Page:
LIVE REVIEW: King Crimson @ The Orpheum

words by Ethan Sherman

“I saw King Crimson Tuesday night.” 

Up until a year ago, for those words to be said by anyone seemed to be a distinct impossibility. Guitarist and founder Robert Fripp’s announcement last September that King Crimson would return to active service with a North American tour this fall came as a welcome surprise for fans and enthusiasts, as Fripp has publicly and privately indicated in recent years his decision to step back from work as a performing musician. 
 

The one thing any King Crimson fan can count on is that every time the band comes together, it’s going to be completely different than the last time, and this incarnation is no exception in its lineup, repertoire, and approach.

This week’s two-night stand at the Orpheum Theatre featured a seven-man lineup consisting of members from Crimson’s entire history as well as newer faces: Fripp; saxophonist/flutist Mel Collins, a member from 1970-2; bassist/Chapman stickist Tony Levin, in Crimson on and off since 1981; and “new guy” guitarist/singer Jakko Jakszyk, who fronted Crim alumni group 21st Century Schizoid Band and collaborated with Fripp and Collins on 2011’s “A Scarcity of Miracles” album. 

In keeping with the Crimson axiom of doing things differently, these four musicians were lined up on a riser across the back of the stage, while the “front line” was occupied by THREE (yes, 3!) drummers and their respective kits: Pat Mastelotto, a member since the “double trio” of the 1990s; Harrison, best known for his work with Porcupine Tree, joined up in ’08; and Bill Rieflin, another new member best known for his work with R.E.M. and Ministry, who’s previously collaborated with Fripp in groups such as The Humans and The Hellboys.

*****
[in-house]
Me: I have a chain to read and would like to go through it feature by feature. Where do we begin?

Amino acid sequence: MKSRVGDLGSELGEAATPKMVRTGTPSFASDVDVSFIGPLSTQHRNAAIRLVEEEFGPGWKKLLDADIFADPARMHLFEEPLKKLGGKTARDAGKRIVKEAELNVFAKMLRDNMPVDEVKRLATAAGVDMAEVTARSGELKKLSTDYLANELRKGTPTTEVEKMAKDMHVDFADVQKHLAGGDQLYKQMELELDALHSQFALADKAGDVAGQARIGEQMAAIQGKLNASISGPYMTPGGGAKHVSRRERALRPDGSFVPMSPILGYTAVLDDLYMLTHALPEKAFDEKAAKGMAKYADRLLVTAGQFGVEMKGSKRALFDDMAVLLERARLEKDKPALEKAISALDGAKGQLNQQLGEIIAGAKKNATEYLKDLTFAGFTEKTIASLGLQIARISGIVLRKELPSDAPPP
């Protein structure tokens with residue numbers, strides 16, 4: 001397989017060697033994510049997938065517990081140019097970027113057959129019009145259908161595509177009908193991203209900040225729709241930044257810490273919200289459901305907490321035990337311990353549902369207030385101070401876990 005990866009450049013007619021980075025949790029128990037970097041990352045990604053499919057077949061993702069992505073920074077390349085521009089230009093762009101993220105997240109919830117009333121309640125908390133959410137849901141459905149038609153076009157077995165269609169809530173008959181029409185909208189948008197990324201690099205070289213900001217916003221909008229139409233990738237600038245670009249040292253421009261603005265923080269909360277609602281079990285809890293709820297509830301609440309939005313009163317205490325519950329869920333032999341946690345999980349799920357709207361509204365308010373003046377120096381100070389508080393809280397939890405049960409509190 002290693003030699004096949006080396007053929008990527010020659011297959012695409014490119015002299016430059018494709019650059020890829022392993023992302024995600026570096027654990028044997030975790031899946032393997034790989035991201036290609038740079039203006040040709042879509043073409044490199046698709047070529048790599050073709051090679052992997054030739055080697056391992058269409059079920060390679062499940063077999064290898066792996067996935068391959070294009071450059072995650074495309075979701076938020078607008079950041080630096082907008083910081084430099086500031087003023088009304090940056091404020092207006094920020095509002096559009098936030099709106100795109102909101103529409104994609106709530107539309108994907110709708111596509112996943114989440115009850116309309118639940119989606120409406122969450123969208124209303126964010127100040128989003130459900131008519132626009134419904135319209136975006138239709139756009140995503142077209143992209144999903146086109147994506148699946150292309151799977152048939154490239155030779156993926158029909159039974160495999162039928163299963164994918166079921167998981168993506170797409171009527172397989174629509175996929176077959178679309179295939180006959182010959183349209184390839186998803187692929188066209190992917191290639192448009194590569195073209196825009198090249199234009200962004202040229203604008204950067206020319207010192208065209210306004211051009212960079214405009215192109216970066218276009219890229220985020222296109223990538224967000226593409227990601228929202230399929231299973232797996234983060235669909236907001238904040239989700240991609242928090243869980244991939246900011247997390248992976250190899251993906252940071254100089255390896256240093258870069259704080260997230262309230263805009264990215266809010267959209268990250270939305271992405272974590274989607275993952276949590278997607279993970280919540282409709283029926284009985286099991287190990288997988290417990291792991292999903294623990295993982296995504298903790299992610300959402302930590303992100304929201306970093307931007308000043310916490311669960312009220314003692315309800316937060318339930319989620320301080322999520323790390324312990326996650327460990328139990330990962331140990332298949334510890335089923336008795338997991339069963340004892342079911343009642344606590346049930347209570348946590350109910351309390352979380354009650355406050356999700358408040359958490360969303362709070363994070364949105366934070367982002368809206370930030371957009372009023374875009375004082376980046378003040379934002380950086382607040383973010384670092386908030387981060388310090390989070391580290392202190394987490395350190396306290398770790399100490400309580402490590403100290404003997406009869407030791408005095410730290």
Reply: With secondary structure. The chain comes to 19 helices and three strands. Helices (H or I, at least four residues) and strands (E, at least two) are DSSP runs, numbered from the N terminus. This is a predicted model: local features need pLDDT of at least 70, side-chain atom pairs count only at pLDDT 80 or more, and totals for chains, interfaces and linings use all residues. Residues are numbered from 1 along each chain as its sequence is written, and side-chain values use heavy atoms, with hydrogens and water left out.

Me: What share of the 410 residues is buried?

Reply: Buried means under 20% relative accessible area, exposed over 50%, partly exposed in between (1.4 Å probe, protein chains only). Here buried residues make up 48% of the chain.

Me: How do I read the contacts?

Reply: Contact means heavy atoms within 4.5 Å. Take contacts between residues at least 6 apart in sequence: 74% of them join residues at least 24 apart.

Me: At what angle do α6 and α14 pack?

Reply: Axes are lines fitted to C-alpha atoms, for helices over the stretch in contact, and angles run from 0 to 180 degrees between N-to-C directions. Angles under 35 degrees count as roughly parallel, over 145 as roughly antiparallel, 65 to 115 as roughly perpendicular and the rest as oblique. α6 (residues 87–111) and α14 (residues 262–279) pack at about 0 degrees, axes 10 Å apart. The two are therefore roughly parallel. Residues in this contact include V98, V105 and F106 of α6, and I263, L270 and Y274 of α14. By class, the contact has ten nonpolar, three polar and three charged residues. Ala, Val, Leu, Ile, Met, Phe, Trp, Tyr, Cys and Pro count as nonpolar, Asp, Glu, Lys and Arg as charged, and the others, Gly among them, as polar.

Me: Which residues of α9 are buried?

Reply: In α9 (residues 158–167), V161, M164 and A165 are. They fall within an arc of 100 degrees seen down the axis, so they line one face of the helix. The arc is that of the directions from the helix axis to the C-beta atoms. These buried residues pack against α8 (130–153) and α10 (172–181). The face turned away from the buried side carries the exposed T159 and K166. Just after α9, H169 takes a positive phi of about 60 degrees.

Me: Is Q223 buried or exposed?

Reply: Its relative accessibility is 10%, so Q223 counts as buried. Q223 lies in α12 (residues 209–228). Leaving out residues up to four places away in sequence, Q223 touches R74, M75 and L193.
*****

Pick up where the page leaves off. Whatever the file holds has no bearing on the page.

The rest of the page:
The band’s overwhelming power, as well as their incredible capacity to restrain and orchestrate that power, was immediately apparent, throughout both this song and the remainder of the two-hour set. The three drummers rarely played the same thing at the same time, distributing the parts equally, with each drummer taking on different roles. Notably, Mastelotto’s approach often channeled Crim ‘72’s Jamie Muir, who included in his approach a wide variety of unconventional– in rock music at that time– percussion instruments and found objects. Crimson classics were re-orchestrated to feature the new front line: “Level Five” and “Red” stick out as highlights, as well as Harrison’s face-melting solo during the encore, the rarely-played and eternally ballyhooed “21st Century Schizoid Man.”

Fripp, by the way, is still no slouch, having essentially created his own singular idiom within the otherwise traceable history of rock guitar, an idiom which was on display in top form at the Orpheum. He also appeared to be greatly enjoying himself, unusual for someone who once described life as a professional musician as “a joyless exercise in futility.”

While Tuesday night’s show at the Orpheum began as an exceptional group of musicians playing classic music on a high level, it concluded– to these eyes and ears– holding strong the presence of King Crimson. While this run of concerts has provided longtime Crim fans to see and hear this music one more time, it’s also given fans of my generation a once-in-a-lifetime opportunity to experience one of the most influential and impactful rock groups of our time, one we thought we were born too late to ever witness. For that, Fripp, Jakszyk, Levin, Collins, Rieflin, Mastelotto and Harrison deserve a big THANK YOU. Here’s hoping for more.